Bradley Braithwaite
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Replacing the Service Layer with an HTTP API : 10 Years of .Net Compressed into Weeks #13

on methodology, 10 years on, Web API

This post looks at choosing a service layer for a web application. This post is part of a blog series ASP.Net 10 Years On. Even though this is part of a series I have tried to make each post standalone. In the previous post we wrapped up the data access layer and look to move onto the API layer.

9 out of 10 architectures I have worked with have had service layer projects with classes called SomethingService e.g. ProductService that contained methods such as GetProducts, GetProductByID etc.

Such methods can be easily be exposed for an API by converting the methods into messages such as SOAP or using .Net features such as Remoting.

In the architecture for our SMS Quiz we started off with a service layer that would serve a double purpose of firstly powering a REST API and a Website layer (MVC project). The idea was to avoid duplicate code between the Web and API layer.

Here's a diagram of how it looked (the application layer is the service layer):

Before we look to create an API layer for the quiz application to expose the functionality provided by the service layer let's consider the number of layers we have and how (potentially) similar they are.

As I began to flesh out the code and unit tests for the API and Web layers I noticed a lot of similarities between the two. The controllers were very similar and each project had almost identical sets of unit tests.

Here's an example of the similar looking methods. All these methods are very short, since the service layer is doing the real work.

An example method from an MVC controller:

public ActionResult Index()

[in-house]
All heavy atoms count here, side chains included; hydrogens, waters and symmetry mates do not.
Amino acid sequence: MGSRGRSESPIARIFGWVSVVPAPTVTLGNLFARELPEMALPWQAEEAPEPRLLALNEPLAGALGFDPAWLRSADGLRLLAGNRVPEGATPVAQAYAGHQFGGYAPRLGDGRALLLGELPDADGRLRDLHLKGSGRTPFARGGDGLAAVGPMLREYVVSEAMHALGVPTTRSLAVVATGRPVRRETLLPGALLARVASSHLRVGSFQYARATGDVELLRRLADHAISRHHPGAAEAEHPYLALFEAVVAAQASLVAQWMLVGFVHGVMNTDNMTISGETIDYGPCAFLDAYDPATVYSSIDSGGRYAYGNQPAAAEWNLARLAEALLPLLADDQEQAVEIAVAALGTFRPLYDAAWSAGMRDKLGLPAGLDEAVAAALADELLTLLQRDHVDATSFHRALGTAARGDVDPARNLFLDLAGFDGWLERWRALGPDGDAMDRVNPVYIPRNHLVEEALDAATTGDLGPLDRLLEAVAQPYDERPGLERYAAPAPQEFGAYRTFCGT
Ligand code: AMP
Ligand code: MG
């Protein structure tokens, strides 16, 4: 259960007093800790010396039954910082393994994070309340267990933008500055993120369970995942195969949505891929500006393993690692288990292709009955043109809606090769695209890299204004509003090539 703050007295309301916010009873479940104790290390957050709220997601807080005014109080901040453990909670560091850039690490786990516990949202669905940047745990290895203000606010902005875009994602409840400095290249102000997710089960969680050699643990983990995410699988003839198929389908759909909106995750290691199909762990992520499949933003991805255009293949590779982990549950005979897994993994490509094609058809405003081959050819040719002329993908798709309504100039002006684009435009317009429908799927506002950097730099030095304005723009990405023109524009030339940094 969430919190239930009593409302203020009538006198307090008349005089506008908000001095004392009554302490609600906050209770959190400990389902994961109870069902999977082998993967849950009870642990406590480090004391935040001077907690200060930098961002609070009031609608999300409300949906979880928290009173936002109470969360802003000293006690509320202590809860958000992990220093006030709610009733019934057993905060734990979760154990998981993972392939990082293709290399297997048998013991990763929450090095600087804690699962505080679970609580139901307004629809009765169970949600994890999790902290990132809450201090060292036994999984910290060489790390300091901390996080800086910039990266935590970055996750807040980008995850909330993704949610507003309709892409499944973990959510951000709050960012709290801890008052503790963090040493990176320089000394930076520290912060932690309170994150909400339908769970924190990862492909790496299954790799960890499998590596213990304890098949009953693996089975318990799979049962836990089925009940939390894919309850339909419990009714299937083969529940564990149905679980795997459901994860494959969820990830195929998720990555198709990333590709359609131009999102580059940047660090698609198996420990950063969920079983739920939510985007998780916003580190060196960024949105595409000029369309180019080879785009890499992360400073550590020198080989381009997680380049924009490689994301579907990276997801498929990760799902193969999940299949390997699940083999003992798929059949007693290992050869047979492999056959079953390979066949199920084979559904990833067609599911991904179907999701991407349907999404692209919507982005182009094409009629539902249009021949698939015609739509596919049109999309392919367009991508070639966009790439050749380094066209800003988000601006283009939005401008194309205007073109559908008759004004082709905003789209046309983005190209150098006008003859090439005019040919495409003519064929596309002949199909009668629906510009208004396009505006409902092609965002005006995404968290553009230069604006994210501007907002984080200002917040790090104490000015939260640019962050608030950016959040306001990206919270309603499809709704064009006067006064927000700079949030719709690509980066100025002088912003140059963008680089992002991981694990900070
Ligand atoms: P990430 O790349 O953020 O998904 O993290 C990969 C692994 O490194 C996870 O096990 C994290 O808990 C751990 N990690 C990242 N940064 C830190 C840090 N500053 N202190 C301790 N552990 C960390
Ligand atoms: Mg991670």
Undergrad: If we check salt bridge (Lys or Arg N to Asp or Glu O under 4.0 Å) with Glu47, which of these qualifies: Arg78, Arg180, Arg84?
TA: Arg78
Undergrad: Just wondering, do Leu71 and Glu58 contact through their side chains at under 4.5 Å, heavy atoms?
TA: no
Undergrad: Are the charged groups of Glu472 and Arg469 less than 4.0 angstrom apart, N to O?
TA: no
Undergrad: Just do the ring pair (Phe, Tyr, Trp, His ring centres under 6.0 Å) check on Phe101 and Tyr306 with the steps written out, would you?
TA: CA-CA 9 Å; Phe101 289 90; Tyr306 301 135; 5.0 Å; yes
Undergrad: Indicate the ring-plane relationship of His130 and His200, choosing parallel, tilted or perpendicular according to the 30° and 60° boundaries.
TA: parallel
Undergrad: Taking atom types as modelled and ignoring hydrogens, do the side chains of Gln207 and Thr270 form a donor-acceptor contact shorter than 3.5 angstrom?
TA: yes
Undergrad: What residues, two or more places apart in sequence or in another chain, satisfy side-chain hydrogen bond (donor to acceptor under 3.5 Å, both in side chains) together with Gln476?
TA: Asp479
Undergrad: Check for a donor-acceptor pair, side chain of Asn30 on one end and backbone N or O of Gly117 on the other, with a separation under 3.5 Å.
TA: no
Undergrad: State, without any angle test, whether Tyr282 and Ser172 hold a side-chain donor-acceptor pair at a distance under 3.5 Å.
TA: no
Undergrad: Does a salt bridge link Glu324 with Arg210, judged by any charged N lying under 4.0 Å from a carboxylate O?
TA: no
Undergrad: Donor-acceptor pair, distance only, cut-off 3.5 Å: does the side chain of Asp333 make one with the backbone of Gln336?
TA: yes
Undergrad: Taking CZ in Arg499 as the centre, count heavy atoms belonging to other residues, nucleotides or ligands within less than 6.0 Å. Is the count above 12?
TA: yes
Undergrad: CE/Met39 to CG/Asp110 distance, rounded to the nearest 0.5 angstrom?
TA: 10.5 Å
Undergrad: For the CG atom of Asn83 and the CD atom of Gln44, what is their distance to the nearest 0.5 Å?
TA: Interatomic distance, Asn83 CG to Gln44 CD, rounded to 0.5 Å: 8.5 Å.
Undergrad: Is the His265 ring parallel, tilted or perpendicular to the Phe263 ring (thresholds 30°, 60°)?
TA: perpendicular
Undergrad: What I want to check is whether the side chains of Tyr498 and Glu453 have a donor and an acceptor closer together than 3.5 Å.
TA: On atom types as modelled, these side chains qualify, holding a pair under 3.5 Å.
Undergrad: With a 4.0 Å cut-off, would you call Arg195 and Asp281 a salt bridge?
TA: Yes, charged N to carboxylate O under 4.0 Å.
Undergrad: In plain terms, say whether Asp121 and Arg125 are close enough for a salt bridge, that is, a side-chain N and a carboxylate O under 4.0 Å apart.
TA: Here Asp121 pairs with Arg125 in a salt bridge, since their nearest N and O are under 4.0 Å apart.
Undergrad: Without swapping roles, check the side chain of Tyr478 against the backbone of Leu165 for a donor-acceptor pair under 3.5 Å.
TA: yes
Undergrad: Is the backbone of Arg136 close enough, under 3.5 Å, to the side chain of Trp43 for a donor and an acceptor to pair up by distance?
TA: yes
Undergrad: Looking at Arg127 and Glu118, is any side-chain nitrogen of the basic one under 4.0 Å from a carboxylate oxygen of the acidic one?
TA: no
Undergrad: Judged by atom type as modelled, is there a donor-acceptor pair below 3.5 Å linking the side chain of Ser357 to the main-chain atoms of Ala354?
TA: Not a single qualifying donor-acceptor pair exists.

CompetitionViewModel viewModel = new CompetitionViewModel();
viewModel.Competitions = _competitionService.GetCompetitions().Competitions;
return View("Index", viewModel);

Now, an almost identical method in the Web API project:

public IEnumerable<CompetitionItem> Get()
return _competitionService.GetCompetitions().Competitions;

As well as the near duplicate methods there is also a bunch of duplicate configuration such as Ninject bindings for dependency injection, mapper configuration, logging etc that are required when creating instances of service layer classes. So, what's the solution? It's easy: delete stuff!

By making the Web API the service layer also we can remove all configuration elements from the MVC project, merge the service layer code into the API and delete the service layer completely. This means that we can use HTTP as the transport protocol and we can consume the same API we plan to expose externally, internally; otherwise known as eating your own dog food.

Here's how the new architecture looks:

Http api layer

The updated Web API controller methods now look more like the service layer methods i.e. they use the repository layer and mapping:

public IEnumerable<CompetitionItem> Get()
var competitions = _competitionRepository.Find("Status=@Status", new { Status = CompetitionStatus.Open });
return _mapper.Map<IEnumerable<Competition>, IEnumerable<CompetitionItem>>(competitions);

The updated MVC action methods now resemble something like:

public ActionResult Index()
var response = _client.GetAsync("competitions").Result;

if (response.IsSuccessStatusCode)
dynamic users = response.Content.ReadAsAsync<dynamic>().Result;
return View(users);

return ErrorView(response);

The beauty of this approach is that, other than a URL, the MVC layer requires no extra configuration. Adopting principles of REST with regard to statelessness combined with this approach can also make scaling out and load balancing a little easier.

Our web layer is now platform independent. Do we even need server side code for the web project? We can very easily use a client-side library like Backbone.js or Knockout.js without having to make any changes to the API.

As well has having an architecture that's easier to scale and requires less configuration I also got to delete a few projects from the solution making my project more streamlined yet more capable. Win!

NB future blog posts will take a deeper dive into the technical aspects of this approach.

The source code for this (work in progress) project can be found at:

Key code elements discussed in this post:

In the next post we look at creating the Web API.

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Bradley Braithwaite Software Blog Bradley Braithwaite is a software engineer who works for search engine start-ups. He is a published author at He writes about software development practices, JavaScript, AngularJS and Node.js via his website . Find out more about Brad. Find him via:
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